German Shepherd Dog > WUSV 2011 - ill dogs (90 replies)
WUSV 2011 - ill dogs
by Iain on 13 October 2011 - 08:25
Picked this up on FB.
Spread the word.
by Koach on 13 October 2011 - 09:56
I forwarded your post to Canadian team Director this morning.
by SitasMom on 13 October 2011 - 16:28
Babesia canis is an intracellular protozoan parasite that affects red blood cells (erythrocytes) of the dog. There are 73 identified species of which two infect dogs. These parasites are all spread by ticks, usually of the Ixodid family which are also known as hard ticks. Babesia species are typically host specific, indicating that they will not infect more than one vertebrate species. Babesia gibsoni and Babesia canis are the two species that generally infect dogs. Not only does Babesia parasitize their host vertebrate, but will adversely affect the tick vector parasitizing it as well. The geographic distribution of each Babesia species generally correlates with the range of the tick vector used to transmit the parasite.
Babesia gibsoni is found primarily in northern Africa and the Far East. This parasite is a small pleomorphic organism usually found singly within an erythrocyte. The tick vectors of B. gibsoni are Haemaphysalis bispinosa and Rhipicephalus sanguineus.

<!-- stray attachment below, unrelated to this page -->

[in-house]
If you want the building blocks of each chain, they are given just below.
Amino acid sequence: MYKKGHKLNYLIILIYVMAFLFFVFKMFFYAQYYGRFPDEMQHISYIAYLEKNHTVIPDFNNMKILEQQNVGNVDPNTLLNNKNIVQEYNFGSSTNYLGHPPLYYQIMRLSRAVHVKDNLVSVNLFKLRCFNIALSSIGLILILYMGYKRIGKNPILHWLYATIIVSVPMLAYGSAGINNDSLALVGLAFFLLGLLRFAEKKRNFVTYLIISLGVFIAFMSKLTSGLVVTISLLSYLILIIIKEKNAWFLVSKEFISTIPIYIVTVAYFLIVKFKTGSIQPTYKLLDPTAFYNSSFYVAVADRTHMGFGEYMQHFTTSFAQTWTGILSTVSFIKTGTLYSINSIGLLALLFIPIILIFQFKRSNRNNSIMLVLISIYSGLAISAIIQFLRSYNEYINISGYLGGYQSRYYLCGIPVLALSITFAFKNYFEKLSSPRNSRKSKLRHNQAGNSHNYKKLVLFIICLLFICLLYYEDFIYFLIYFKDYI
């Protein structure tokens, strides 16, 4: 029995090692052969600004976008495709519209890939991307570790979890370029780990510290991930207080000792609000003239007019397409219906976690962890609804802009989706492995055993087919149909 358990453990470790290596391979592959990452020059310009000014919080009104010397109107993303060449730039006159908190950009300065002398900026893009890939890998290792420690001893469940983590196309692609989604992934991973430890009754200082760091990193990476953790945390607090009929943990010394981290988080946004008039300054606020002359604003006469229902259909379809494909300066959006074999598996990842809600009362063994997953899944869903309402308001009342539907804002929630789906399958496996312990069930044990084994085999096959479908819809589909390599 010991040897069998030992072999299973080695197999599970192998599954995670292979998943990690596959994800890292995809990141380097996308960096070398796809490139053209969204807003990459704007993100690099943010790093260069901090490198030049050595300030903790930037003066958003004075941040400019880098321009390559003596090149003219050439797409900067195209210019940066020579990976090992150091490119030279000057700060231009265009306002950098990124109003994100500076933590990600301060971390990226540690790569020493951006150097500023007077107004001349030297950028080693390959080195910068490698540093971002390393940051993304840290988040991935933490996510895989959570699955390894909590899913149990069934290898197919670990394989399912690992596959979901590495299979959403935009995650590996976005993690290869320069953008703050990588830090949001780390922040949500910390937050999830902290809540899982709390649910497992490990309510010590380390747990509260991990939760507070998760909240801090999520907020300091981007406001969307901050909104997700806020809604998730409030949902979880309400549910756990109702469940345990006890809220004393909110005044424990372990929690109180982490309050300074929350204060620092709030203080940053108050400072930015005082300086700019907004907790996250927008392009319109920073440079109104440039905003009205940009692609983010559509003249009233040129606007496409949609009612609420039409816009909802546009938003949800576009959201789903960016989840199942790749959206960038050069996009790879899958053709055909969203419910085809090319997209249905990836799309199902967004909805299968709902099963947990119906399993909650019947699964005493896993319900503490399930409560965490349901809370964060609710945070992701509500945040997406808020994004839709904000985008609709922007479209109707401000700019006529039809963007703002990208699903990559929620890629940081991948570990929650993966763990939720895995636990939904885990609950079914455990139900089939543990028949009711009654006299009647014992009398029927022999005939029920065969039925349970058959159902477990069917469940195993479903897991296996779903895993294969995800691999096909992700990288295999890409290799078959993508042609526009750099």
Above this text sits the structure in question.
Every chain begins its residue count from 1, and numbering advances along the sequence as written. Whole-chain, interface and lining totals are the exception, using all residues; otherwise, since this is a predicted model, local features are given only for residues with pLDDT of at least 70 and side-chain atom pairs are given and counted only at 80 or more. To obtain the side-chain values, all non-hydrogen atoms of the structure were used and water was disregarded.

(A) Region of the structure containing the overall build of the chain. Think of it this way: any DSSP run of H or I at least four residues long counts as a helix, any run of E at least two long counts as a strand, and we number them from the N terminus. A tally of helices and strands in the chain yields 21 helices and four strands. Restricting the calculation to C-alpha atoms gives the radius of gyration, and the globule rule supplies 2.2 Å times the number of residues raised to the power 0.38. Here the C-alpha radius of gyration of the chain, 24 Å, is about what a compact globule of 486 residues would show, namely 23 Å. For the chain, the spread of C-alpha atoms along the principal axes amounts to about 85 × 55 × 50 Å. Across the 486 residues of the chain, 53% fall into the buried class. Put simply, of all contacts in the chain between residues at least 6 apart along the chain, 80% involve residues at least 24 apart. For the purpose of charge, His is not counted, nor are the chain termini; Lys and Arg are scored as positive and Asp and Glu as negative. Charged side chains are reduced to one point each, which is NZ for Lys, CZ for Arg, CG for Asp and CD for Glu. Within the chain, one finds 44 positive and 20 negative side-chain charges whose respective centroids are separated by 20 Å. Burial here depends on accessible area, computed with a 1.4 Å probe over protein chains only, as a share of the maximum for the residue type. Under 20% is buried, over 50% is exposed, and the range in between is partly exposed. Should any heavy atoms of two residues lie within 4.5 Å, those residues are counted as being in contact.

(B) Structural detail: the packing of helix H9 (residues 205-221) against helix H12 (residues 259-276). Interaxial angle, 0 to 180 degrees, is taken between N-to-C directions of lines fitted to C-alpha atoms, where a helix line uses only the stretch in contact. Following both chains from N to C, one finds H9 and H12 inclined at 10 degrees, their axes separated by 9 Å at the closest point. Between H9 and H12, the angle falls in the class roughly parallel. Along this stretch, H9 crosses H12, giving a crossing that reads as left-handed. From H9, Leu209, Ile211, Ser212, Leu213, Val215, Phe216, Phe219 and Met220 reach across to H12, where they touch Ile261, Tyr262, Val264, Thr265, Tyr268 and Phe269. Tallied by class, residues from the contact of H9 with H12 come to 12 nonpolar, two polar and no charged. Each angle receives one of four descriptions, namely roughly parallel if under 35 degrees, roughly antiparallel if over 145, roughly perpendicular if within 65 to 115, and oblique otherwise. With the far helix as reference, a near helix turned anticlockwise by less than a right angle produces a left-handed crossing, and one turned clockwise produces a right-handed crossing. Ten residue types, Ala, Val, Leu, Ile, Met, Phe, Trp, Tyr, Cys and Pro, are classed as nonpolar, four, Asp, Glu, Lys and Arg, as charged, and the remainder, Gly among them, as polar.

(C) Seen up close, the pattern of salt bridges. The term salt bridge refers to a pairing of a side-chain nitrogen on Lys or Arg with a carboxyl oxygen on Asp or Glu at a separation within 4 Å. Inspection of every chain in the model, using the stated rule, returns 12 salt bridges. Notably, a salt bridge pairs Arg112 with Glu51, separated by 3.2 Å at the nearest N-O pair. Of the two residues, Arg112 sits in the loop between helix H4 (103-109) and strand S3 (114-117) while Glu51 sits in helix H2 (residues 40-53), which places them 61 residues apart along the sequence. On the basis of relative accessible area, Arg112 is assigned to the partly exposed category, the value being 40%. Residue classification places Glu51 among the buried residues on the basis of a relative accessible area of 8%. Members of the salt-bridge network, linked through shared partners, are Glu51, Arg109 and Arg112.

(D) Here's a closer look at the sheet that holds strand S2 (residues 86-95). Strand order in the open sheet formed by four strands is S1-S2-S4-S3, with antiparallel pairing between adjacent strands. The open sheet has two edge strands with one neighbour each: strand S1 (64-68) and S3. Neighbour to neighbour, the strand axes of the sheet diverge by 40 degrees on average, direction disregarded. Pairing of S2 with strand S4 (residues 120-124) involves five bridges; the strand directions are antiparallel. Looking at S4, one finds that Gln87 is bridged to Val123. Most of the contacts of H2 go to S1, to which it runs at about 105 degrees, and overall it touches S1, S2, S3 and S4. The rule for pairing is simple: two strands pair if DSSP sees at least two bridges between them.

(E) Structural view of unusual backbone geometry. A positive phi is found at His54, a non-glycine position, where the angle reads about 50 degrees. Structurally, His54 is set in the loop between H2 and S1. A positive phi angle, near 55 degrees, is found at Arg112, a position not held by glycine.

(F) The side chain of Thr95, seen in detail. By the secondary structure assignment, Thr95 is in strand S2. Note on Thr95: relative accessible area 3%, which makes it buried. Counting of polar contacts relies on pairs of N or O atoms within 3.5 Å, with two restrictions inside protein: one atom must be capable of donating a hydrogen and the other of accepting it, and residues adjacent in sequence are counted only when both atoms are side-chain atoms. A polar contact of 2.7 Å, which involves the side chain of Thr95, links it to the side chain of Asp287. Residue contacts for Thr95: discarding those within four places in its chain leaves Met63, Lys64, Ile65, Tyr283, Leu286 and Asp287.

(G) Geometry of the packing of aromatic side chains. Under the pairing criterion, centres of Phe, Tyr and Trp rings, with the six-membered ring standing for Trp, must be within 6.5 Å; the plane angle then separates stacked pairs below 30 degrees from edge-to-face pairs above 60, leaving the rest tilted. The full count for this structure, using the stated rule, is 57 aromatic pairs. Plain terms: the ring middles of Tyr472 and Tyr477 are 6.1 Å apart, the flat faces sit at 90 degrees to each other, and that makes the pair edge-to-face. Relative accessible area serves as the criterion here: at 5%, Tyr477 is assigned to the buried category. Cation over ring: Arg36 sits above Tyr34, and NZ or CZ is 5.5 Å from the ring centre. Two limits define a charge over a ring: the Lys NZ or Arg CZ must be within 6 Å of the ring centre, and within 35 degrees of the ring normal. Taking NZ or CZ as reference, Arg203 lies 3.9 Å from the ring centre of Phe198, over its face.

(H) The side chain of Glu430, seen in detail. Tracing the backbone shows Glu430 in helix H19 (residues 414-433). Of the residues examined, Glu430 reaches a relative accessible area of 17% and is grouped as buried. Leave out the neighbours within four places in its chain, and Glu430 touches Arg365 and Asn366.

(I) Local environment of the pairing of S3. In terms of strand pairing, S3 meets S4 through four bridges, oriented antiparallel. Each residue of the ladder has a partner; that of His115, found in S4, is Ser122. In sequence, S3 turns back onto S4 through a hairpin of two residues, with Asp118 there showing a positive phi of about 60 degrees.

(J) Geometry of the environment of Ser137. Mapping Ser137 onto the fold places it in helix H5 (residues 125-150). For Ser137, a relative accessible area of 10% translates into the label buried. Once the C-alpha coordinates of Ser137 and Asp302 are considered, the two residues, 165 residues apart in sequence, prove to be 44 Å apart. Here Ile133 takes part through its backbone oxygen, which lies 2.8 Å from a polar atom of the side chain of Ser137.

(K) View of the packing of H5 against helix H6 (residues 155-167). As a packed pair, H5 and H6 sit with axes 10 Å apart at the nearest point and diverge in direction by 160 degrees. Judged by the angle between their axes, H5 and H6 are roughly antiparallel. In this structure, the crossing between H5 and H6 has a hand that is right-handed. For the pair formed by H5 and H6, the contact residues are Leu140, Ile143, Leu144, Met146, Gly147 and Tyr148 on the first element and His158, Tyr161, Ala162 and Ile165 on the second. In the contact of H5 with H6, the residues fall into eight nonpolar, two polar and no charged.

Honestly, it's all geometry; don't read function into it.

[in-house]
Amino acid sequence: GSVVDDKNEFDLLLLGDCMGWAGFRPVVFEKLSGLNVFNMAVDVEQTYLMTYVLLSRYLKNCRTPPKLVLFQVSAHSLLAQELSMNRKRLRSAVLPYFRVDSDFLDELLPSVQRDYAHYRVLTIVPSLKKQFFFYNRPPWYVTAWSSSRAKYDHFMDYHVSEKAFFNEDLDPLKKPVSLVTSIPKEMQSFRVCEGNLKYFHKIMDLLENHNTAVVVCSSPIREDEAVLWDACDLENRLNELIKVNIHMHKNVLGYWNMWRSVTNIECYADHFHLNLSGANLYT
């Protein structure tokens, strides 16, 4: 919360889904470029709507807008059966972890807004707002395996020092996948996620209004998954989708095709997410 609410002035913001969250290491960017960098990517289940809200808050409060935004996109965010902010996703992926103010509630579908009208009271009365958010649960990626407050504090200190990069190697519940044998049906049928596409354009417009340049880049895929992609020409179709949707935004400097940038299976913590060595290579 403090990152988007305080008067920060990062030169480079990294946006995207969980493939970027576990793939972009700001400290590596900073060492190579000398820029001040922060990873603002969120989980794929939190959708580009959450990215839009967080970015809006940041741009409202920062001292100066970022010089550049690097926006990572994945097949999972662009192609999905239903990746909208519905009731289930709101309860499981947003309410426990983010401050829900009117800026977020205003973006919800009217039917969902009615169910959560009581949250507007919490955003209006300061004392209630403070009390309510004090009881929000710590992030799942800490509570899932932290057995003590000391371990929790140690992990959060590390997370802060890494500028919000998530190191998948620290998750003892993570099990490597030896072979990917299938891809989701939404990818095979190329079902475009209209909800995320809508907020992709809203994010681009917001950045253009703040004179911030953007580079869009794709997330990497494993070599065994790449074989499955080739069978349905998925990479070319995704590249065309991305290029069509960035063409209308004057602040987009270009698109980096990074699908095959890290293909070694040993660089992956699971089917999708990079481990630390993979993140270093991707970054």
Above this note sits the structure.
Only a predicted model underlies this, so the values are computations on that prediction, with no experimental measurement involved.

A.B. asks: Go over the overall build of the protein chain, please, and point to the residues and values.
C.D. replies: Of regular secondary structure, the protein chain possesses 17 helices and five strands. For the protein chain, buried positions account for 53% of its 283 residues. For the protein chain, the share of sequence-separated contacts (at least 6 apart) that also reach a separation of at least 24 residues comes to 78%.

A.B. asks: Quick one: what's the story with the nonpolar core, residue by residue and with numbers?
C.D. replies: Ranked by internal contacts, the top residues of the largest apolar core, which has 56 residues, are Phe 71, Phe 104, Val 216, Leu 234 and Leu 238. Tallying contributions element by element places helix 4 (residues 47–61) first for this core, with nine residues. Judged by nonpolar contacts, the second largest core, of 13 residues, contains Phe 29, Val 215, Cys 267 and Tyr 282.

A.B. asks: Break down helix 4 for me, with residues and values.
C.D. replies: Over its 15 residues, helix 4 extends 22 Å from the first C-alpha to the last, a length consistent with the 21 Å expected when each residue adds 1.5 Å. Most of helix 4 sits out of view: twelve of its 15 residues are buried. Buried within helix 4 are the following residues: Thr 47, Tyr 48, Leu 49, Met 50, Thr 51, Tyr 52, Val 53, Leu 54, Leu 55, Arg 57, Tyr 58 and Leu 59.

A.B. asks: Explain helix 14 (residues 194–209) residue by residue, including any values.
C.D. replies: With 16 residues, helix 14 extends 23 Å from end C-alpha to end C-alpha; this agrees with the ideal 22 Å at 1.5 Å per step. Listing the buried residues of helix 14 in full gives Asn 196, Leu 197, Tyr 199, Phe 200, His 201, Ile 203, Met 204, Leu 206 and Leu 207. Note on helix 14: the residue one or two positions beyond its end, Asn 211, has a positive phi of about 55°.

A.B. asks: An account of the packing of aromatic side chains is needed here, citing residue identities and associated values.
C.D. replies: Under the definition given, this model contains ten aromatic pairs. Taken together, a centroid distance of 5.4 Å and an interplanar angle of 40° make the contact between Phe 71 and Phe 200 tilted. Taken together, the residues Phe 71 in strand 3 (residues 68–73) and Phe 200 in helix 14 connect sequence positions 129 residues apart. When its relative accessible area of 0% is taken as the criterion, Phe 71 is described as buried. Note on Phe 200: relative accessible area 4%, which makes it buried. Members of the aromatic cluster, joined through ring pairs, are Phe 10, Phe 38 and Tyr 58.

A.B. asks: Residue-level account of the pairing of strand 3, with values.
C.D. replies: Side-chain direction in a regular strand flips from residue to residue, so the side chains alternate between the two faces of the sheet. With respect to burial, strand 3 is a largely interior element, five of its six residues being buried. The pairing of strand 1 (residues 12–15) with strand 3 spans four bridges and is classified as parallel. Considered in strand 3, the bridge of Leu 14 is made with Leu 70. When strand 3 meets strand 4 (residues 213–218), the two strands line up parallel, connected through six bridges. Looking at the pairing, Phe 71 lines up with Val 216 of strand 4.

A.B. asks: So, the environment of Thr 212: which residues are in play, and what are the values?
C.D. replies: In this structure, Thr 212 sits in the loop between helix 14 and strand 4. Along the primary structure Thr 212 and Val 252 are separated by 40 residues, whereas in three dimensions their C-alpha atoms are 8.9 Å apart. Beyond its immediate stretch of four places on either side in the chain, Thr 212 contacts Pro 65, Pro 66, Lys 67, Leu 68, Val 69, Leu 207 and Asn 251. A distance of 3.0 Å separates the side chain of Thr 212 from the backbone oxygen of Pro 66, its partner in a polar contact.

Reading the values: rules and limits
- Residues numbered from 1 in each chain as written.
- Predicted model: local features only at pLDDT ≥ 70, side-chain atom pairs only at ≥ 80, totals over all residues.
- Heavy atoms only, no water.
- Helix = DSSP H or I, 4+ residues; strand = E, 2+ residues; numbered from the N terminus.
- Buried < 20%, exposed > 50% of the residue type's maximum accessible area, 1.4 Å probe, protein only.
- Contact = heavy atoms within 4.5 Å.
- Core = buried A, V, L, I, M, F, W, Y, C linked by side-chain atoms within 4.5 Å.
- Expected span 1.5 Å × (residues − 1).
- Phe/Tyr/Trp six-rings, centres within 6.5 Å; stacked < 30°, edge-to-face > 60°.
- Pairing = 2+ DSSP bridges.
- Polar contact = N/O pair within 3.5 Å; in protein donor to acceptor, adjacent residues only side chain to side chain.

Babesia canis has a greater range, covering most of southern Europe, Africa, Asia, and North, Central, and South America. Babesia canis is larger than B. gibsoni and is usually found paired within erythrocytes. There are three strains of Babesia canis based on their differences in pathogenicity (ability to cause disease) and the vectors used in transmission. Babesia canis vogeli is the strain that occurs in tropical and subtropical regions of most continents and is the least pathogenic of the three strains. B. canis vogeli is the strain found in the United States and is transmitted by the brown dog tick, also known as Rhipicephalus sanguineus. The brown dog tick almost exclusively parasitizes dogs and is probably the most widely distributed tick species in the world. Babesia canis canis is the strain found in Europe and parts of Asia and is transmitted by Dermacentor reticularis. Babesia canis rossi is the strain of the highly pathogenic Babesia found in southern Africa and is transmitted by Haemaphysalis leachi.